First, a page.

In the ten days since he was sworn into office, Brazil’s president Jair Bolsonaro has already enacted a rash of measures that have sparked concerns across the globe.
Among his first orders of business, reports Gabriella Angeleti of the Art Newspaper, was dissolving the country’s ministry of culture, along with the ministries of sports and social development.
All three ministries have been merged into a single department fronted by Osmar Terra, who served as the minister of social development under the previous government. By his own admission, Terra has little experience in cultural policy. According to Angeleti, he “was criticised by Brazilian arts leaders when he said his only cultural expertise is that he knows ‘how to play the berimbau,’ a single-string instrument played to accompany capoeira.”
News about the dismantled culture ministry has fallen somewhat quietly amid Bolsonaro’s other reforms.
Shortly after ascending to power, Bolsonaro, a far-right, Evangelical Christian, known for making degrading comments about women, members of the LGBTQ community and Afro-Brazilian, transferred responsibility for overseeing indigenous territories from the National Indian Foundation to the ministry of agriculture, which supports industries that hope to tap into indigenous lands. He also closed an agency of the Education Ministry that sought to promote diversity in public schools and universities, and wiped LGBTQ concerns from the responsibilities of new human rights ministry.
“Girls will be princesses and boys will be princes,” Damares Alves, an evangelical pastor who has been appointed Brazil’s the new Human Rights Minister, said, according to the Associated Press. “There will be no more ideological indoctrination of children and teenagers in Brazil.”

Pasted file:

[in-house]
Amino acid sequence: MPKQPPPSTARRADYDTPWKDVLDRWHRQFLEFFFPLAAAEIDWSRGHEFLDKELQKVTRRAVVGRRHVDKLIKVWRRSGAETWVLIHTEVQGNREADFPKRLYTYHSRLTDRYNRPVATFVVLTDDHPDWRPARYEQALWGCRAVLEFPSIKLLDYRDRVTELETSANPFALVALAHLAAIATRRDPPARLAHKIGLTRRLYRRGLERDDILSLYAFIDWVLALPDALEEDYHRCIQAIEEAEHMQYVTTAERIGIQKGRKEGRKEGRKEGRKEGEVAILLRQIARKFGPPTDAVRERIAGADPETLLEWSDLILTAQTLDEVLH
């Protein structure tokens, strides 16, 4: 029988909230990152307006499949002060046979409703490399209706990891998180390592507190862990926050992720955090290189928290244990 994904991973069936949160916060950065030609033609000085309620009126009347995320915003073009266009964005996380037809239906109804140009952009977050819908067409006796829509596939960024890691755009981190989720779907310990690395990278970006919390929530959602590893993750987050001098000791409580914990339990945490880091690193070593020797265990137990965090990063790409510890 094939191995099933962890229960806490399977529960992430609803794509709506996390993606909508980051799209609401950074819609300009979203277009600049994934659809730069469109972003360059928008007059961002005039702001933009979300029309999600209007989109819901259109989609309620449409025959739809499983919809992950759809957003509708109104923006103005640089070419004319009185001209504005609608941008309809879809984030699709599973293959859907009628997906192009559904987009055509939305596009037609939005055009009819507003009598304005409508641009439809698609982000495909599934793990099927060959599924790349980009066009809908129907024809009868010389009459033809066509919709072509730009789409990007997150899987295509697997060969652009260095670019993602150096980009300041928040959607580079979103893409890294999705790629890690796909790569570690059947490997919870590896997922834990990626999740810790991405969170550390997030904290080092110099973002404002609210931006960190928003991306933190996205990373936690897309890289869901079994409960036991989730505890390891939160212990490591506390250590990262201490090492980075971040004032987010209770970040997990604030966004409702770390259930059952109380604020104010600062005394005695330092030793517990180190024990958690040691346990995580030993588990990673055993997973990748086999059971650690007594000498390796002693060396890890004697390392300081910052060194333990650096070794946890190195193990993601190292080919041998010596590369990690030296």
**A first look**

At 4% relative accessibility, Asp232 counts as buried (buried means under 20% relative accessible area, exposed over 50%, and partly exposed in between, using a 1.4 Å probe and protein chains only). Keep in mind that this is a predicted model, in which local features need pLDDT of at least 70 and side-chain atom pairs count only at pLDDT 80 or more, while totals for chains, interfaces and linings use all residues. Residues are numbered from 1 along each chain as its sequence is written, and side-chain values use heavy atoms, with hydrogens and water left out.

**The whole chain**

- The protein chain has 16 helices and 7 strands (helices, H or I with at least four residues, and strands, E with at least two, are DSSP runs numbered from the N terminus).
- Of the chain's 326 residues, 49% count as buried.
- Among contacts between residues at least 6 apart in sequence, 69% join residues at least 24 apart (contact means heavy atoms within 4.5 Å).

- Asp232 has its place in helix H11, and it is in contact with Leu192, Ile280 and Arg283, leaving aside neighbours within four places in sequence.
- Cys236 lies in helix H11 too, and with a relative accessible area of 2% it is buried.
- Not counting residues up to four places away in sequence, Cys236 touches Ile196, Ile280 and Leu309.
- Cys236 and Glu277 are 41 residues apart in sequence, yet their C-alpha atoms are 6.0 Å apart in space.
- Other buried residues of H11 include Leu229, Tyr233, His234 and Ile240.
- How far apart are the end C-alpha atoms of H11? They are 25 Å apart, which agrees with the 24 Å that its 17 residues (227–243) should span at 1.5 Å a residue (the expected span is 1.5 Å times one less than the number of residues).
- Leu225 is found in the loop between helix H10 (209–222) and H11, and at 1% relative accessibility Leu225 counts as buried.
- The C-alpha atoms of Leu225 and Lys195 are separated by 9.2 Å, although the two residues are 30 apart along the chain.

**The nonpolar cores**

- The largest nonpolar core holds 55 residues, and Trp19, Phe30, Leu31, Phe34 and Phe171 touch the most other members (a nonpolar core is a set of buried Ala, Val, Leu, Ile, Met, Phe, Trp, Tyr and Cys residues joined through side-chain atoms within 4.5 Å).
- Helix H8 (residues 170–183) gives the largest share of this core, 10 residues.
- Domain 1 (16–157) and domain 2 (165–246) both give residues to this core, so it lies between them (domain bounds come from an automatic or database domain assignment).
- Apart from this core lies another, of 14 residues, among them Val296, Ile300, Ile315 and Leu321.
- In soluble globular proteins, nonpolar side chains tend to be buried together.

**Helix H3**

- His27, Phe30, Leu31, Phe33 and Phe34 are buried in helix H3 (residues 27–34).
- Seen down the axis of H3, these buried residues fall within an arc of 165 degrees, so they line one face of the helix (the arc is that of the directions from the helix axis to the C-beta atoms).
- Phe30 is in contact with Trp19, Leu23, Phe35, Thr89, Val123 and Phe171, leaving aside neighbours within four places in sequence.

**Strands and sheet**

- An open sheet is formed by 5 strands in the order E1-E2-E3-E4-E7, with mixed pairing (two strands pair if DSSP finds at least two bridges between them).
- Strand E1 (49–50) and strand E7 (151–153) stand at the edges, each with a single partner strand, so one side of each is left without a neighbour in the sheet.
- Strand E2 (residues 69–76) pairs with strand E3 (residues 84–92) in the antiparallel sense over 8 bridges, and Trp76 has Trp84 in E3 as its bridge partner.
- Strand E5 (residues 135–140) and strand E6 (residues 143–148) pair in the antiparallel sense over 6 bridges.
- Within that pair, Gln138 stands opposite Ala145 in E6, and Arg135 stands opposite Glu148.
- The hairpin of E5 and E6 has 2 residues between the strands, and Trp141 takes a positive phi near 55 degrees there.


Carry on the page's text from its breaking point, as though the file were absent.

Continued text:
The culture ministry’s dissolution was not a surprise to experts. Artists have been a target of Bolsonaro’s supporters, and the president has zeroed in on cultural policies as part of his promises to bring dramatic changes to a country still reeling from its worst economic recession on record. Shortly after he was elected, for instance, Bolsonaro announced that he would review Brazil’s Rouanet law, which offers tax incentives to private entities and individuals who invest in cultural projects. He has said that the law wastes resources, Angeleti reports.
“It’s very sad,” Brazilian art dealer Pedro Mendes tells Henri Neuendorf of artnet News. “But he is doing exactly everything he claimed he would.”
It is not yet clear how federally funded cultural institutions will be affected by the changes to Brazil’s culture ministry, but members of the artistic community are worried about the country’s new direction. As Mendes, the art dealer, tells artnet, “It’s a very dark time in Brazil.”